Talk a little bit about silence. That’s another one of those slippery subjects that you assess in your book. There’s this one interesting part of your book where you talk to a deaf woman who is very angry with John Cage, because Cage didn’t take deaf people into consideration in his ideas about silence. In Sinister Resonance, you talk a lot about silence.
It’s the complexity of silence, isn’t it. We have this orthodoxy now that stems partly from Cage. I suppose mostly from Cage – though as I point out in my book, other people like Virginia Woolf had explored these ideas before Cage had come to them. But we have this orthodoxy that there’s no such thing as silence. In one sense I think that’s right; silence is just a word for many states, which are complex states, of noise in fact. Low-level noise. But then on the other hand we have the importance of silence as a metaphor – for example, silence used in talking about the Holocaust or genocide, or environmental destruction and so on. In that sense, silence is a very powerful metaphor. I don’t think we should lose that in this finessing of the real experience of listening to silence, but they’re different modalities in a way. Again, going back to these early modernists, the way Beckett wrote about silence, or Faulkner, or Virginia Woolf – silence could continually change in relation to beings and relation to context. So there was no such thing as absolute silence. It was this very complex property that shifted according to situation and according to the approach of the listener.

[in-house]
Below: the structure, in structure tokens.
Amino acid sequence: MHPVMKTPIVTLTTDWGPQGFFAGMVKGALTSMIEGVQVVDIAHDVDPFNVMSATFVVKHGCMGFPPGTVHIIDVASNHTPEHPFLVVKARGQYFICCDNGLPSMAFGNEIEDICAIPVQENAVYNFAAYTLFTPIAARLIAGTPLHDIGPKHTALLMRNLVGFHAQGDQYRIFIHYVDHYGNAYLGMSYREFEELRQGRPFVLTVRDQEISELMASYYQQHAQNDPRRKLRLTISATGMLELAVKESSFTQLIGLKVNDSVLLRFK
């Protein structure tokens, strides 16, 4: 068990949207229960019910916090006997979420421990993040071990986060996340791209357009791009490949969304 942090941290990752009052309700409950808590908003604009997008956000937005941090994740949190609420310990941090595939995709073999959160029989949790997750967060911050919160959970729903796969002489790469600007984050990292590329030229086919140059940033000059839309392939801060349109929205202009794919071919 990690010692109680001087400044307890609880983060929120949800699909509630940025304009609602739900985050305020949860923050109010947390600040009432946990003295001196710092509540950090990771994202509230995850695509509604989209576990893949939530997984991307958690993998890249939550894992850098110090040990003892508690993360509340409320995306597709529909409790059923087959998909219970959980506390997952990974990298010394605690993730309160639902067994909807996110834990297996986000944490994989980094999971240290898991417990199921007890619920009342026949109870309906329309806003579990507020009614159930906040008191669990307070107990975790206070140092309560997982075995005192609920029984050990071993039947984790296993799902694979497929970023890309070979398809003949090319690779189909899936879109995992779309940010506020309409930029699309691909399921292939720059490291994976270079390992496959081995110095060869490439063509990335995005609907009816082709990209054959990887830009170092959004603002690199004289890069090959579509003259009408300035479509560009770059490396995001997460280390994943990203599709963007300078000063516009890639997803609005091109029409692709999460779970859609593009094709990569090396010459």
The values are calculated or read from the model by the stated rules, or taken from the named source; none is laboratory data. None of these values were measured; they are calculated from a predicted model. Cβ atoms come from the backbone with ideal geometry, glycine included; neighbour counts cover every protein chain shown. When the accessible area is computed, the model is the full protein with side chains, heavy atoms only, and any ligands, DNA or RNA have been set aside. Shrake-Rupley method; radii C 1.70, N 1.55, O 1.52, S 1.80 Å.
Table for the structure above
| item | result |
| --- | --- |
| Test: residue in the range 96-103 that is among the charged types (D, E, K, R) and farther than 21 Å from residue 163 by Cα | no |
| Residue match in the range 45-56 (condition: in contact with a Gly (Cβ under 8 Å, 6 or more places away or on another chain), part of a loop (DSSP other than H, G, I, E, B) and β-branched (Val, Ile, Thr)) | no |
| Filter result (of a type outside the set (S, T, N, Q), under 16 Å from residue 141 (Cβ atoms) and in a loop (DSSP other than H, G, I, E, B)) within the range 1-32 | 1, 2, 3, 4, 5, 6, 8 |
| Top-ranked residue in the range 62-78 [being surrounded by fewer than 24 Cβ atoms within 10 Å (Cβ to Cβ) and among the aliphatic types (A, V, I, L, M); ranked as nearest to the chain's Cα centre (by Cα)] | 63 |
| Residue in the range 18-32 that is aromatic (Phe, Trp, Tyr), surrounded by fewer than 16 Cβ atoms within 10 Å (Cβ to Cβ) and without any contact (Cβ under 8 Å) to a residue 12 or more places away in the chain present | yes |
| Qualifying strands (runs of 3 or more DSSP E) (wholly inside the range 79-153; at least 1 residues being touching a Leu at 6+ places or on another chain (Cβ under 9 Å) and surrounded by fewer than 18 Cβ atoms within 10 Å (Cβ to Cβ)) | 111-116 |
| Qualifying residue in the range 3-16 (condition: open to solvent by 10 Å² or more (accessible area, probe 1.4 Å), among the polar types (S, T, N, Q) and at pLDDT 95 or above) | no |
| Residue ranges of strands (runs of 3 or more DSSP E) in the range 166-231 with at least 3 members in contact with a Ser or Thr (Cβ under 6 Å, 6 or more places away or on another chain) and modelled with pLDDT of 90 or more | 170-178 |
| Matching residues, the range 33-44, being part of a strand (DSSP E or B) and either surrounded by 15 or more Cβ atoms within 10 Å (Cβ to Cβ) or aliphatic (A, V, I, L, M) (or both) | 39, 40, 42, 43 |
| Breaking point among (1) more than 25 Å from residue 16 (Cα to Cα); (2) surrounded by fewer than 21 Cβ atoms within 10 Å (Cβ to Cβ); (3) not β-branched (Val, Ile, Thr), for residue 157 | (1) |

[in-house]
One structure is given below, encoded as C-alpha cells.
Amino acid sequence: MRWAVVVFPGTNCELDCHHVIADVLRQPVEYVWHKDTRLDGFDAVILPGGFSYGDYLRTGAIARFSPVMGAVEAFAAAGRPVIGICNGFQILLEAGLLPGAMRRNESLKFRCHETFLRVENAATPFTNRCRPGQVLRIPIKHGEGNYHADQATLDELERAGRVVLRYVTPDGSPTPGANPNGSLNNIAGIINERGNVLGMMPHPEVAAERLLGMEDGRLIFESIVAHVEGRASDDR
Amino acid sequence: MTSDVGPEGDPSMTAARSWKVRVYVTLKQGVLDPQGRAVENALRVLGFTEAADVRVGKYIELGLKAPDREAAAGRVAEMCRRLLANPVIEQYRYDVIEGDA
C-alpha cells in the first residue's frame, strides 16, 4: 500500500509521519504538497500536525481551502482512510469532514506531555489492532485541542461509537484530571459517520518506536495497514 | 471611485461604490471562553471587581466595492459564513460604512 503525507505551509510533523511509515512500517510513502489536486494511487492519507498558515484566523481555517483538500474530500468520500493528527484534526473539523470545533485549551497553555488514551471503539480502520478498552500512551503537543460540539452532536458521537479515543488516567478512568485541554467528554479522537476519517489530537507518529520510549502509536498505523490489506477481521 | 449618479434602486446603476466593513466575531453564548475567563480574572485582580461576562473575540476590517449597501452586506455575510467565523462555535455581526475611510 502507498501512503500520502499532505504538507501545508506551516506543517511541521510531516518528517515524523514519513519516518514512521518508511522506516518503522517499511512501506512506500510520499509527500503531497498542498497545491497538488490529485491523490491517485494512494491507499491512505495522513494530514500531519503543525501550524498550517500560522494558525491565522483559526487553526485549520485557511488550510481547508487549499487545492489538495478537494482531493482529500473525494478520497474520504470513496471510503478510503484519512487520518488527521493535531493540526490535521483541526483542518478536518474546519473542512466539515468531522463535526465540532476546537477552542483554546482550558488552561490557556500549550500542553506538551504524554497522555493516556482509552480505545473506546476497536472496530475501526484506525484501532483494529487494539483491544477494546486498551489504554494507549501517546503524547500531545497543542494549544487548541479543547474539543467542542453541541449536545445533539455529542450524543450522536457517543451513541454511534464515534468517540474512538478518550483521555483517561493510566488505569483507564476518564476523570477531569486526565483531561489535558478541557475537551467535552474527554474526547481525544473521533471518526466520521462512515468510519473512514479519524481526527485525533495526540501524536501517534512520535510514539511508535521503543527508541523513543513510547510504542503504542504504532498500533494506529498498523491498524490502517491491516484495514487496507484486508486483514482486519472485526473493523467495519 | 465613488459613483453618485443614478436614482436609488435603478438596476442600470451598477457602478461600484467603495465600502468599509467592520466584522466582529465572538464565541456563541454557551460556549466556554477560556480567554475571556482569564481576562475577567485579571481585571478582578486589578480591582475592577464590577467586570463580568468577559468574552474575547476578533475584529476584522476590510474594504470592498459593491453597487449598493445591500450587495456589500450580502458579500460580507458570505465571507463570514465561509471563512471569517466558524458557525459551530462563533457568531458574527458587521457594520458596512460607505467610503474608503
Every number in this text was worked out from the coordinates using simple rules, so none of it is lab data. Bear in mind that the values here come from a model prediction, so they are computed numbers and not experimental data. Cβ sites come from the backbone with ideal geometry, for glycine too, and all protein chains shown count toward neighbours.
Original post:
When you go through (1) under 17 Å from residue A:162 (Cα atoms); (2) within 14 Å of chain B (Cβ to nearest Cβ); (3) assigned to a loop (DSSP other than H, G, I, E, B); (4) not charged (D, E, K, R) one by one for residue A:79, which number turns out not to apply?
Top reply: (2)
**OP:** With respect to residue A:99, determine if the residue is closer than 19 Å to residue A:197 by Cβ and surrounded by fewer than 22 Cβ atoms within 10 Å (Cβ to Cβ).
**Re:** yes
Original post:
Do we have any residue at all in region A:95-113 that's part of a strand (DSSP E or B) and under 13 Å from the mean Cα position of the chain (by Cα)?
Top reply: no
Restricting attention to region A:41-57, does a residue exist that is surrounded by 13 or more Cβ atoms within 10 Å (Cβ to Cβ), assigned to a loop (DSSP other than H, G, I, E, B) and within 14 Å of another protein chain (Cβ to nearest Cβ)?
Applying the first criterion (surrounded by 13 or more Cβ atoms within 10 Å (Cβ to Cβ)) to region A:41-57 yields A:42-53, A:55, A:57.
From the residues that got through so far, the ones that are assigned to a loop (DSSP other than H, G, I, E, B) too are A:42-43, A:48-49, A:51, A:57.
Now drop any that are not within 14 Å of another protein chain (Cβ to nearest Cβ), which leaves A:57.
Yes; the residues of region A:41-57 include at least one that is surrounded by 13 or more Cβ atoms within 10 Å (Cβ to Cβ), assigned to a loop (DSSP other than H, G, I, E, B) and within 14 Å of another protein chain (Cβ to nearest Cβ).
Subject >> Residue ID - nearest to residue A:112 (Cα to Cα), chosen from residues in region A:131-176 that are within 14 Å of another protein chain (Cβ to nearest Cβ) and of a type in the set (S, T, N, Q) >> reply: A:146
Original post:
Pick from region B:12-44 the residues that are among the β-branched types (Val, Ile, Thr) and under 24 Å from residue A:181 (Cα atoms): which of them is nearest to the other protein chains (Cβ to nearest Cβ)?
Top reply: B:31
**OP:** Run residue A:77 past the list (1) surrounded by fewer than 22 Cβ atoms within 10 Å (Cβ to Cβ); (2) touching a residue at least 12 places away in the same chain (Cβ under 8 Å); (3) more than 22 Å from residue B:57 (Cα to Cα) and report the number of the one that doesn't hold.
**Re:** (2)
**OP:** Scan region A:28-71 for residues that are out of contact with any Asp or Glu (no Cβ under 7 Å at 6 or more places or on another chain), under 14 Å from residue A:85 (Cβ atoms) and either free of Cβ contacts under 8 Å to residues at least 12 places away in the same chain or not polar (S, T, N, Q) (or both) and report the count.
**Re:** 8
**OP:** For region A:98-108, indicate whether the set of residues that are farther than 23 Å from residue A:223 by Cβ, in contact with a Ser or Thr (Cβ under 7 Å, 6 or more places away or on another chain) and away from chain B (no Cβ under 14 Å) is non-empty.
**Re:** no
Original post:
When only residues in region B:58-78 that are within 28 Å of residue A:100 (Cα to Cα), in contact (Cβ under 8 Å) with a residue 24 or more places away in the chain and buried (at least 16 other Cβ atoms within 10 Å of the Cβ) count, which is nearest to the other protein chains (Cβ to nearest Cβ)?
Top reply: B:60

My feeling about silence is that the closer you focus down on it, to use a visual metaphor, the more you discover. There’s this paradox – the deeper you get into silence, the noisier it becomes. I was fascinated by these scenes of silence, which were so important to painters. Particularly from the 16th century on, I suppose, and many examples in 17th century painting. All these paintings in Dutch painting from Rembrandt and through to Vermeer, these paintings of people sleeping or reading. The fascination of that simple situation – that ordinary situation of life – somebody sleeping. But what does it mean? How do we engage with that? And some of our engagement is of course auditory. And again it comes back to this theme. There’s a narrowing, isn’t there, there’s the idea that the visual aspect of the scene is what’s truly important, is what’s central. Truthfully our engagement is a much more complex, interlinked engagement. If we’re with a person who’s sleeping, we’re hearing and seeing simultaneously. You can’t really separate them out.
Johannes Vermeer, Woman in Blue Reading a Letter, 1663-1664
In your book you also talk about Malevich’s Black Square in relation to silence.